He can be reached at devoncadams@gmail.com and all current photography can be viewed online at flickr.com/nooccar or by clicking here.

Beth1 rs.jpg Beth2 rs.jpg

Beth3 rs.jpg Beth4 rs.jpg

Beth5 rs.jpg Beth8 rs.jpg

Beth7 rs.jpg Beth6 rs.jpg

Beth9 rs.jpg Beth12 rs.jpg

Beth11 rs.jpg Beth10 rs.jpg

Beth13 rs.jpg Beth14 sr.jpg

Beth15 sr.jpg Beth19 rs.jpg

Beth17 rs.jpg Beth18 rs.jpg

Beth16 rs.jpg Beth20 rs.jpg

Beth21 rs.jpg Beth22 rs.jpg

Beth 23 rs.jpg Beth24 rs.jpg

Beth25 rs.jpg Beth27 rs.jpg

Beth28 rs.jpg


Jewish Cemetery From Wikipedia, the free encyclopedia

A Jewish cemetery (Hebrew בית עלמין) ("beit alamin" or "beit kvarot") is a cemetery where members of the Jewish faith are buried in keeping with Jewish tradition. Known in Hebrew as "house of eternity," the land of the cemetery is considered holy and a special consecration ceremony takes place on its inauguration. Establishing a cemetery is one of the first priorities for a new Jewish community. A Jewish cemetery is generally purchased and supported with communal funds. History Early Jewish cemeteries were located outside of the city. In the Diaspora, it is traditional to bury the dead with the feet in the direction of Jerusalem. The tombstones usually have inscriptions in Hebrew and the regional language. During the Nazi Germany regime, Jewish cemeteries all over Europe were destroyed and desecrated. The largest Jewish cemeteries of Europe can be found in Budapest, Łódź, Prague, Warsaw and Berlin. Other Jewish cemeteries in Europe include the Jewish Cemetery in Khotyn. In the United States, the Coming Street Cemetery, in Charleston, South Carolina, Mikveh Israel Cemetery in Philadelphia, Pennsylvania, Hebrew Cemetery in Richmond, Virginia, B' Nai Israel Cemetery in Ashland, Wisconsin, and the Old Jewish Cemetery in Cincinnati, Ohio are some of the country's oldest Jewish cemeteries.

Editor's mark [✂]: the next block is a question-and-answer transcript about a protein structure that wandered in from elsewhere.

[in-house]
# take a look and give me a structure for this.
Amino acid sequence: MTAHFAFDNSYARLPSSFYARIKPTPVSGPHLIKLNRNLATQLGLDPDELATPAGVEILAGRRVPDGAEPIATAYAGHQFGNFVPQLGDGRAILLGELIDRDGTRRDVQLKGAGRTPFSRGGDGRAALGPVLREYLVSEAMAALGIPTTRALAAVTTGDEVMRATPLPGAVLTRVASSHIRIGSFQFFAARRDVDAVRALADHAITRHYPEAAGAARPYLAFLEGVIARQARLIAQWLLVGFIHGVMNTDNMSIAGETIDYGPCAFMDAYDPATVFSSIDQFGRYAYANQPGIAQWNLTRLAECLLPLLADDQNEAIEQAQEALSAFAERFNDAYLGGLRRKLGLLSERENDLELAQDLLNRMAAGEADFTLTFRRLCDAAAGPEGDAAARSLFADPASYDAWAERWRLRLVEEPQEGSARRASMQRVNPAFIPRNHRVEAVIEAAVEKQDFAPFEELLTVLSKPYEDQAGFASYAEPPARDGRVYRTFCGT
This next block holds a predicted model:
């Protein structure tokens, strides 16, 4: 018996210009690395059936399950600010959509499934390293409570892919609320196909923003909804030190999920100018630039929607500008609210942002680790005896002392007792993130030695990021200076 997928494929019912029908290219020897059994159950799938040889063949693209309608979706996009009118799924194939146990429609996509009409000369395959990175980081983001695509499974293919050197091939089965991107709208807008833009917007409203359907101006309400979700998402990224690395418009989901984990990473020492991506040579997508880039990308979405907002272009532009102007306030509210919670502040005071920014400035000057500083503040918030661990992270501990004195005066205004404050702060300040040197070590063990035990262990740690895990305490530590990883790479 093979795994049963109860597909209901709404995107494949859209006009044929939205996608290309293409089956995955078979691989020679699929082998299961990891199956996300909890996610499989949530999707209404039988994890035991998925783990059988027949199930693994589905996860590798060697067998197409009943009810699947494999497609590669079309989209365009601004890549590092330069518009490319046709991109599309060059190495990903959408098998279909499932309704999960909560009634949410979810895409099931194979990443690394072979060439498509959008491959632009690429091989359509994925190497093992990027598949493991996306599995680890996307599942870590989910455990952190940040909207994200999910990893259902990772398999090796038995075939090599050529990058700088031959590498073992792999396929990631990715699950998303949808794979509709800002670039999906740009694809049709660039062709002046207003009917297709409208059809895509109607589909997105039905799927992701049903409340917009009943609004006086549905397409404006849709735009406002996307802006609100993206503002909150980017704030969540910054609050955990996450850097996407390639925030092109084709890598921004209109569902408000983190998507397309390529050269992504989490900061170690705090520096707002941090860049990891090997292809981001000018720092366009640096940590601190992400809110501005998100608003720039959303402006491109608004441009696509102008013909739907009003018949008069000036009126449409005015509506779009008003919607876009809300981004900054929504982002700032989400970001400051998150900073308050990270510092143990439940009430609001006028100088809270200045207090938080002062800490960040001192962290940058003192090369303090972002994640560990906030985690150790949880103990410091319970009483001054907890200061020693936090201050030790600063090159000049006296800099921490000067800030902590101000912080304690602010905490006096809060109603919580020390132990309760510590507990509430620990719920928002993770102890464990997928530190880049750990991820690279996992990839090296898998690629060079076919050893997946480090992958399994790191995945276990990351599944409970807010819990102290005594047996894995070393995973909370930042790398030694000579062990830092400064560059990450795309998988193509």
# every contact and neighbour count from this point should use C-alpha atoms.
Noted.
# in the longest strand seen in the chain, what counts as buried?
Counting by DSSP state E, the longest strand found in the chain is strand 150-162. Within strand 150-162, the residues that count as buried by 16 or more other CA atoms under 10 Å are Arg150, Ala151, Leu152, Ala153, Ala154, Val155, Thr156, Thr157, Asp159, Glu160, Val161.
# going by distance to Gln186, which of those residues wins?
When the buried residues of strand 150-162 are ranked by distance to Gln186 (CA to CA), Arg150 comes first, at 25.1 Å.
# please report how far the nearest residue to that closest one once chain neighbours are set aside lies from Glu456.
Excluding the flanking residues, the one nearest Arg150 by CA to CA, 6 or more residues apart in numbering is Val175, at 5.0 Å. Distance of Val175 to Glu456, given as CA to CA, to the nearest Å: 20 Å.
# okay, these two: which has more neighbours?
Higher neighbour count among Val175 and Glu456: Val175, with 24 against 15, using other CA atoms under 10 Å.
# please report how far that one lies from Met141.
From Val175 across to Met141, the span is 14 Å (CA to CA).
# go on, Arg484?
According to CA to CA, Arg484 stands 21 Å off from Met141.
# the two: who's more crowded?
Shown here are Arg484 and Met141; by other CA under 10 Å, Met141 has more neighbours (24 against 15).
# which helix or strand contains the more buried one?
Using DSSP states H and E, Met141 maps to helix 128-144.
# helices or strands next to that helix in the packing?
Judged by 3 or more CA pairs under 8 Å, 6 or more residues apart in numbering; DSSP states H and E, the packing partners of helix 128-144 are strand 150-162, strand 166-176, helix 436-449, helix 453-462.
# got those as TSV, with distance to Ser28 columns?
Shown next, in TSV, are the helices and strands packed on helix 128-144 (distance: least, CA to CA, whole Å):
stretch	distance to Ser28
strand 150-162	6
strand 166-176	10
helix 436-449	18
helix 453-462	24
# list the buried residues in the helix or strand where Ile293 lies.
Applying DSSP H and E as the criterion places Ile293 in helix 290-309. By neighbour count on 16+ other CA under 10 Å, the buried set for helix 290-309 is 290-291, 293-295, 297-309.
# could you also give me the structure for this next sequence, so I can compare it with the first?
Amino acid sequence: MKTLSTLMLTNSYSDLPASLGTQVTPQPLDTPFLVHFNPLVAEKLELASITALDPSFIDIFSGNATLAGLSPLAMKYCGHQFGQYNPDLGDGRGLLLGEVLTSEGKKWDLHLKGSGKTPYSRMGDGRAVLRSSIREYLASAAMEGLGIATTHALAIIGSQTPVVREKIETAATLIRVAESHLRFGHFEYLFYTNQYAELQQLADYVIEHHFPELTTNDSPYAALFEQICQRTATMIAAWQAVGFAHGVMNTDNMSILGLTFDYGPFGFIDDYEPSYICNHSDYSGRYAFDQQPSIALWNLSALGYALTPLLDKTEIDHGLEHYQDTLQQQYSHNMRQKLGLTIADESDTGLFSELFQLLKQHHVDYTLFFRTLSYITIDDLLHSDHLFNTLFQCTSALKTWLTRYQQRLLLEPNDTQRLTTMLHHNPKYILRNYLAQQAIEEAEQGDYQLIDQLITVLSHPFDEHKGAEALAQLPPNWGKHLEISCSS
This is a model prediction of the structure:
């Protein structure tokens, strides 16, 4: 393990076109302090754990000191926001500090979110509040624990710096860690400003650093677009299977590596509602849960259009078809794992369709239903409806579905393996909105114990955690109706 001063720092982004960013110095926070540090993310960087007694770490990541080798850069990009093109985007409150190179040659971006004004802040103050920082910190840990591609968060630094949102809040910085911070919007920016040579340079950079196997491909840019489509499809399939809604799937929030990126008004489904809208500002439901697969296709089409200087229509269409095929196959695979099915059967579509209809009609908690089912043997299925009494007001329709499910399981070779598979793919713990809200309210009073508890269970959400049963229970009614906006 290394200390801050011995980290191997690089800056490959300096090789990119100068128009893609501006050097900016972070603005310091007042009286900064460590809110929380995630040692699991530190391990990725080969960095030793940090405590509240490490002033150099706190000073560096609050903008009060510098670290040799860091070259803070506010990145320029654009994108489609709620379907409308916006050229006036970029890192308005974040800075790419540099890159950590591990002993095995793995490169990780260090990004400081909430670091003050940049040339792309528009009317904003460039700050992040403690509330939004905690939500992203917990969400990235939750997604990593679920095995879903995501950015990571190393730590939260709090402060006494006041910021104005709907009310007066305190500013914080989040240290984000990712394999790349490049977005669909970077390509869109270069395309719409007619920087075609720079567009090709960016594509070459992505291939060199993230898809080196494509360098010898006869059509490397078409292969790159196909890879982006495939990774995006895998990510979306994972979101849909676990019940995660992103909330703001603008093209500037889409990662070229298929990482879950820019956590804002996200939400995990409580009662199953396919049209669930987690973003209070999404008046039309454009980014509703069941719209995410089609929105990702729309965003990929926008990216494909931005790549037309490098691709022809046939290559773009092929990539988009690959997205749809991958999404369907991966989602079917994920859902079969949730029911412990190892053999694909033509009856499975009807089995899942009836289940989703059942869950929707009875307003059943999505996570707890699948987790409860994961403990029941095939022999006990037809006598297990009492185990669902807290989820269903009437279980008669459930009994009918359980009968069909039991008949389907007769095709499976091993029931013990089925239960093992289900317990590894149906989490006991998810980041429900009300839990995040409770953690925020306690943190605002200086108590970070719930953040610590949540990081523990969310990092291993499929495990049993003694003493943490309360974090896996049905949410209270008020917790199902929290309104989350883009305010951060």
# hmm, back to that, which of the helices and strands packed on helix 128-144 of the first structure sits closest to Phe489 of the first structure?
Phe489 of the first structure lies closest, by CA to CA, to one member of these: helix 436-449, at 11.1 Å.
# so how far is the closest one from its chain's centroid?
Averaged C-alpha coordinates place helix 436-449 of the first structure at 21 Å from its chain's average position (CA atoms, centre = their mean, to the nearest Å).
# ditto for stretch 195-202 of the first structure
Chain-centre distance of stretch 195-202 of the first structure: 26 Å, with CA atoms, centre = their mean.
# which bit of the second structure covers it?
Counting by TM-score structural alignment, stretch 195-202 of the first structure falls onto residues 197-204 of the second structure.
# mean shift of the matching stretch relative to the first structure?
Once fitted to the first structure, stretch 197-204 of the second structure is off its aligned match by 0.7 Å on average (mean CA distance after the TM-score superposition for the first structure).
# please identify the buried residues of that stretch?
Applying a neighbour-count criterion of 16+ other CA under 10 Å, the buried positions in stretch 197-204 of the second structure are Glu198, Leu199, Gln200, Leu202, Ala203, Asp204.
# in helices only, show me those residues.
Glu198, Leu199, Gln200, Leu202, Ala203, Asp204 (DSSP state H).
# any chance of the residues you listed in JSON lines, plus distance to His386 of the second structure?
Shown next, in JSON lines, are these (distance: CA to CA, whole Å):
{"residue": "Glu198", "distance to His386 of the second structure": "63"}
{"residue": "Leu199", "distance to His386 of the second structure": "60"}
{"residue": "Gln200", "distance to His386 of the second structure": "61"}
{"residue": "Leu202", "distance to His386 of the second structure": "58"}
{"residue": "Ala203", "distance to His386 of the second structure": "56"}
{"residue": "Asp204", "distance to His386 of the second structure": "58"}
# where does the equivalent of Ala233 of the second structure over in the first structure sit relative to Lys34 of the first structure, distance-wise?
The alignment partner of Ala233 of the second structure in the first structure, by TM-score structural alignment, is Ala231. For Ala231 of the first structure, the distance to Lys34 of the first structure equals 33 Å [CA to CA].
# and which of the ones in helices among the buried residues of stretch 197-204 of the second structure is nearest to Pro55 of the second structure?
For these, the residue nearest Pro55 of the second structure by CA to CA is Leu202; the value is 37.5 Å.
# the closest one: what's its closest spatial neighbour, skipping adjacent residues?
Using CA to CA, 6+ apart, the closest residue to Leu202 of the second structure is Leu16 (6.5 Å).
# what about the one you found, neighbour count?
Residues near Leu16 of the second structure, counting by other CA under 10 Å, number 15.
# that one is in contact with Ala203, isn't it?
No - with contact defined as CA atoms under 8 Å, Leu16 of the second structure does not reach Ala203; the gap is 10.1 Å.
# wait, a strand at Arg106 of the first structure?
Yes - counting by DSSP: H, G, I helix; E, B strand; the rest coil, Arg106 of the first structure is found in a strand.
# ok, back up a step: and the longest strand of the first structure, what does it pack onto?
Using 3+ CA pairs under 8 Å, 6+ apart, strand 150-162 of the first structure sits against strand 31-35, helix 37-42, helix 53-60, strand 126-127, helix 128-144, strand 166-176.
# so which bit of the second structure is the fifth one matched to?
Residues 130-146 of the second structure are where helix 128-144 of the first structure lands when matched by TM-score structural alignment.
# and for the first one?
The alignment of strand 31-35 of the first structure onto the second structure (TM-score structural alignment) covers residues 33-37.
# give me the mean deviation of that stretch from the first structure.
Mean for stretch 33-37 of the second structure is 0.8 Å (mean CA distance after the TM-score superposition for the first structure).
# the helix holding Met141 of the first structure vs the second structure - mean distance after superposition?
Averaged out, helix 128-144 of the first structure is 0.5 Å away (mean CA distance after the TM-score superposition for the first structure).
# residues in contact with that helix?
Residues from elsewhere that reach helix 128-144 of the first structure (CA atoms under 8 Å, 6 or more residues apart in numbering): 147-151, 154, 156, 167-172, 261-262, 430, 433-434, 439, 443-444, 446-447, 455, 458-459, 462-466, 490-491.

Personal tools